Art

"Matters of the Inner City" Examines the Black Experience in Miami

Artist Charles Humes Jr. addressed a standing-room crowd of more than 50 during a reception at the African Heritage Cultural Arts Center’s Amadlozi Gallery.
Artist Charles Humes Jr. addressed a standing-room crowd of more than 50 during a reception at the African Heritage Cultural Arts Center’s Amadlozi Gallery. Photo by Gregory Reed
From boyhood, Charles Humes, Jr., wanted to be an artist.

"I thought that this was going to be my career. I was going to be famous, I was going to sell my works, and that was all that I would do; that was all I wanted to do," says the Miami native. "But then reality set in."

There were bills to pay, a family to support. So for more than 30 years, Humes shared this passion as an art teacher with Miami-Dade County Public Schools. Now, the artist gets to enjoy his first solo exhibition in decades, on display at the African Heritage Cultural Arts Center's Amadlozi Gallery through February 19.

"Matters of the Inner City" showcases work in a variety of media, examining "the psyche and state of the Black experience in Miami and its inner cities," according to his artist statement.

Having retired, Humes found himself, as many did, with time on his hands and a lot on his mind in 2020, living through the COVID-19 lockdown and the unrest following the murder of George Floyd.

"I said to myself, 'Well, you know, what about here in Liberty City? What can I do as a visual artist to make people aware of the situation and struggles that Black people, people of color, are dealing with?'"

The results include stunning pieces that make use of a technique Humes calls mosaic collage, featuring meticulously trimmed bits of paper taken from printed material. Humes adheres the scraps to create depth and shadows. They also make statements, if one reads the fine print.

Full-sized photographs of these works fail to convey their intricacy.

While the exhibition is a collection of beautiful artworks, some of the pieces have quite humble beginnings.

"A lot of the works I guess you could call the real found art," says Humes, relating how he would go "foraging," looking around for discarded materials he could put to use.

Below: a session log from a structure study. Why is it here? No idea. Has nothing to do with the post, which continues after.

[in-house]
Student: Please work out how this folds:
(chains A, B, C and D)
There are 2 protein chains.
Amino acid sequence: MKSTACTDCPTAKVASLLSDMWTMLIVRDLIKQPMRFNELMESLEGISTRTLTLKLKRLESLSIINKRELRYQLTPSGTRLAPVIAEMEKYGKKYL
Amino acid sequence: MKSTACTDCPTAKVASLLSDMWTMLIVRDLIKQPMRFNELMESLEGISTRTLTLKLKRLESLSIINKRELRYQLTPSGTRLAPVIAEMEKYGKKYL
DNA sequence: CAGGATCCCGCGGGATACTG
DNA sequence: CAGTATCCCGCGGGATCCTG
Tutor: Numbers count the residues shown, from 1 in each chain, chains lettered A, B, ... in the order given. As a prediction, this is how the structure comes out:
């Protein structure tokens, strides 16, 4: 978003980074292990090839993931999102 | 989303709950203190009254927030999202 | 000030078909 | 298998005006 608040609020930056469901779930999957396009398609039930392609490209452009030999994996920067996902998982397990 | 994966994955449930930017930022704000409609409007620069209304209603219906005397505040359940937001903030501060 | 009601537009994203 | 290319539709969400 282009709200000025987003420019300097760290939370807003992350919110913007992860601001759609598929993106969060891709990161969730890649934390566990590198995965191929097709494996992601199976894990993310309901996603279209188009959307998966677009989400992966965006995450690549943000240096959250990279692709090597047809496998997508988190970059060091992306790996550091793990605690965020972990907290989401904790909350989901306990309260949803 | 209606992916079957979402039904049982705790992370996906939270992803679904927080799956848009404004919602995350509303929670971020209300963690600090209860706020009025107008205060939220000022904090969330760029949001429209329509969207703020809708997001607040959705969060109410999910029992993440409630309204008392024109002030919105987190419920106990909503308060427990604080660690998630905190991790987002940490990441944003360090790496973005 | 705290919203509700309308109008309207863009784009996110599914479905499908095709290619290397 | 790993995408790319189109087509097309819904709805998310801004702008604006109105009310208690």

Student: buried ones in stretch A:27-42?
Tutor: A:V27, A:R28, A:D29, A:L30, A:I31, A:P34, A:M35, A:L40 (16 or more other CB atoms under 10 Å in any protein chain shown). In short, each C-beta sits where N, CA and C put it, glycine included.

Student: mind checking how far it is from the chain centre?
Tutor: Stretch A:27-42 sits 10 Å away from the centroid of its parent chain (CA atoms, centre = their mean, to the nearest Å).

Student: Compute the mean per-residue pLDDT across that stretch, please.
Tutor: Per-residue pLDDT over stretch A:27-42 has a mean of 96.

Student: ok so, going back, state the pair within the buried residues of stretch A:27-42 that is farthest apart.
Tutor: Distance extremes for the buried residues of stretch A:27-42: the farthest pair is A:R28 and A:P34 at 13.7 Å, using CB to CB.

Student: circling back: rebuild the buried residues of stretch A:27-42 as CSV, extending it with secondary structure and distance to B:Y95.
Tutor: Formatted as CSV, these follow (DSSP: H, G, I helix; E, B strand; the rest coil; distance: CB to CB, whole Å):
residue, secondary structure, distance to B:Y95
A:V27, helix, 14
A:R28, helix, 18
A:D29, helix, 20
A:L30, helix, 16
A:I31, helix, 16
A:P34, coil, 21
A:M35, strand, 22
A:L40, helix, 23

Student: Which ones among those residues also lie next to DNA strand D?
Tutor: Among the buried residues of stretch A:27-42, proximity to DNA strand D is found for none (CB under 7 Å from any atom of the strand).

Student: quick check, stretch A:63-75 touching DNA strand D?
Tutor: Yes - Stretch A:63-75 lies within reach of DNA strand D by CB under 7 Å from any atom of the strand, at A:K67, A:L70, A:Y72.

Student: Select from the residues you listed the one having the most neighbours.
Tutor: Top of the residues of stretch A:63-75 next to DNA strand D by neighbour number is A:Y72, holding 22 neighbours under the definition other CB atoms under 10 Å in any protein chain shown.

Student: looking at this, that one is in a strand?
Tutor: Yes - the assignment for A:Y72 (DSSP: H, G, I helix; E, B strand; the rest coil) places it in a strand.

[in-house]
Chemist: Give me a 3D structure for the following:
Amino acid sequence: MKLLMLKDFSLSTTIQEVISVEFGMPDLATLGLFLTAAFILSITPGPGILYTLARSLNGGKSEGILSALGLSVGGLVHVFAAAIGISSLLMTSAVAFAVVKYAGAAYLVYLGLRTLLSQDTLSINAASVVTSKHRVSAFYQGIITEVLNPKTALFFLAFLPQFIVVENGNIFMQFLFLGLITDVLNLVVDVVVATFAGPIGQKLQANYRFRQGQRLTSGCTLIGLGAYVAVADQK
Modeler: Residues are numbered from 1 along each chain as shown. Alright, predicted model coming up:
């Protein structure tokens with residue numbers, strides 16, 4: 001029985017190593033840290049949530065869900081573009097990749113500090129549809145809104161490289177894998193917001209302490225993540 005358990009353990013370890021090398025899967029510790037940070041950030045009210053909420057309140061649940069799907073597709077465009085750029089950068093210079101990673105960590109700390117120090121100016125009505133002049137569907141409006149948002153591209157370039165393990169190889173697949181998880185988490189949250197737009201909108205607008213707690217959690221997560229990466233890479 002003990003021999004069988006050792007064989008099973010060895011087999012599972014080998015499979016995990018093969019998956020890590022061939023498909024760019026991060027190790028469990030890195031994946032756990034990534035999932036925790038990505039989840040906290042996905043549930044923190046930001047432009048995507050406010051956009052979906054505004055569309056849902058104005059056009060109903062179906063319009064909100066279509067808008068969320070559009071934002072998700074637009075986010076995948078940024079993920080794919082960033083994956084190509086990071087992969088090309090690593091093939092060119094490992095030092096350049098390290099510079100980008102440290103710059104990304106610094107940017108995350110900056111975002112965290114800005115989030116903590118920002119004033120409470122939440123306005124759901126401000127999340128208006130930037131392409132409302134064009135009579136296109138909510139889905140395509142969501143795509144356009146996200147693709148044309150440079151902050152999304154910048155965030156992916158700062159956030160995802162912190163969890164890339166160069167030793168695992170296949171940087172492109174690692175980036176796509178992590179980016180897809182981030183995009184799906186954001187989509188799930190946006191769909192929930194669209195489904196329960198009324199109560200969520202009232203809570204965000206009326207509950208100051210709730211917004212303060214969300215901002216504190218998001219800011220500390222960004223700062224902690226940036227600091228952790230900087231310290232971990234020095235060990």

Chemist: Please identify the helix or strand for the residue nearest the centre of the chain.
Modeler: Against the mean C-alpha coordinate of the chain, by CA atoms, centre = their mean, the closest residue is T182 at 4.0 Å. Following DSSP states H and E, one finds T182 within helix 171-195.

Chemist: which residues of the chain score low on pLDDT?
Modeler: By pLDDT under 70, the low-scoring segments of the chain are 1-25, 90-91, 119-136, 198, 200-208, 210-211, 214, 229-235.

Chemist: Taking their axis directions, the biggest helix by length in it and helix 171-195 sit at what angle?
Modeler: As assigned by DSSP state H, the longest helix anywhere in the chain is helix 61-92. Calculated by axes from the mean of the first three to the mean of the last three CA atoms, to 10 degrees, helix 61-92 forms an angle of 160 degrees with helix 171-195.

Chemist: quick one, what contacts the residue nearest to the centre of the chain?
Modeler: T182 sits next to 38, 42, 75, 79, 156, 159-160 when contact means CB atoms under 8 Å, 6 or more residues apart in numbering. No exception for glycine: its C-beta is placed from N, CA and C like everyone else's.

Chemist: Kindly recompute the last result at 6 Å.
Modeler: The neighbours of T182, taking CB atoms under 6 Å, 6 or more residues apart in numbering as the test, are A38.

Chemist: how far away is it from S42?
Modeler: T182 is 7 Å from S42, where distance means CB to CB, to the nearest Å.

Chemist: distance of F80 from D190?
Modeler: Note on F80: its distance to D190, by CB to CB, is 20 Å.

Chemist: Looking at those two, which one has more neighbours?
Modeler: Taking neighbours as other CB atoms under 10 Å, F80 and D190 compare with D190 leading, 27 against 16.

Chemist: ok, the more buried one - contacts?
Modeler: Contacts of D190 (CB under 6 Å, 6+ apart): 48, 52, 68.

click to enlarge “Matters of the Inner City” was produced with the support of Oolite Arts. - PHOTO BY GREGORY REED
“Matters of the Inner City” was produced with the support of Oolite Arts.
Photo by Gregory Reed
Once he found a bunch of rolled canvases behind a furniture store: "It was my lucky day, I said, 'Bonanza!'"

The stuff was soaked and soiled, he said, but you'd never know that to see it adorned and displayed as it is now.

Other works on exhibit, notably drawings, are simpler. At this point in his career, Humes says he's less concerned with producing beautiful work than with getting a point across.

"I've been criticized for that because sometimes it looks like a work is not finished, it's a little bit hard or uneven, but that's just the way it is," he says.

"Matters of the Inner City" was produced with the support of Oolite Arts; Humes won one of its Creator Awards in 2020. He spoke before a standing-room crowd of more than 50 at a January 22 reception at the gallery.

During Miami Art Week 2021, Amadlozi Gallery hosted "Le Art Noir, Diversity in Color" in partnership with former Miami Dolphins player Louis Oliver. Its next exhibit, featuring mixed-media folk art, is expected to open in March.

Now back to doing his life's work full time, Humes looks forward to a show in Miami Beach later this year. And he has an idea for a set of pieces inspired by Paul Cadmus' "The Seven Deadly Sins" series.

"But it may take on a whole different meaning than just greed and avarice and all those things," he says. "I'm going to connect it with what's going on here in Miami."

– Tracy Fields, ArtburstMiami.com

"Matters of the Inner City." On view through Saturday, February 19, at Amadlozi Gallery at the African Heritage Cultural Arts Center, 6161 NW 22nd Ave., Miami; 305-638-6771; achcacmiami.org. Admission is free.
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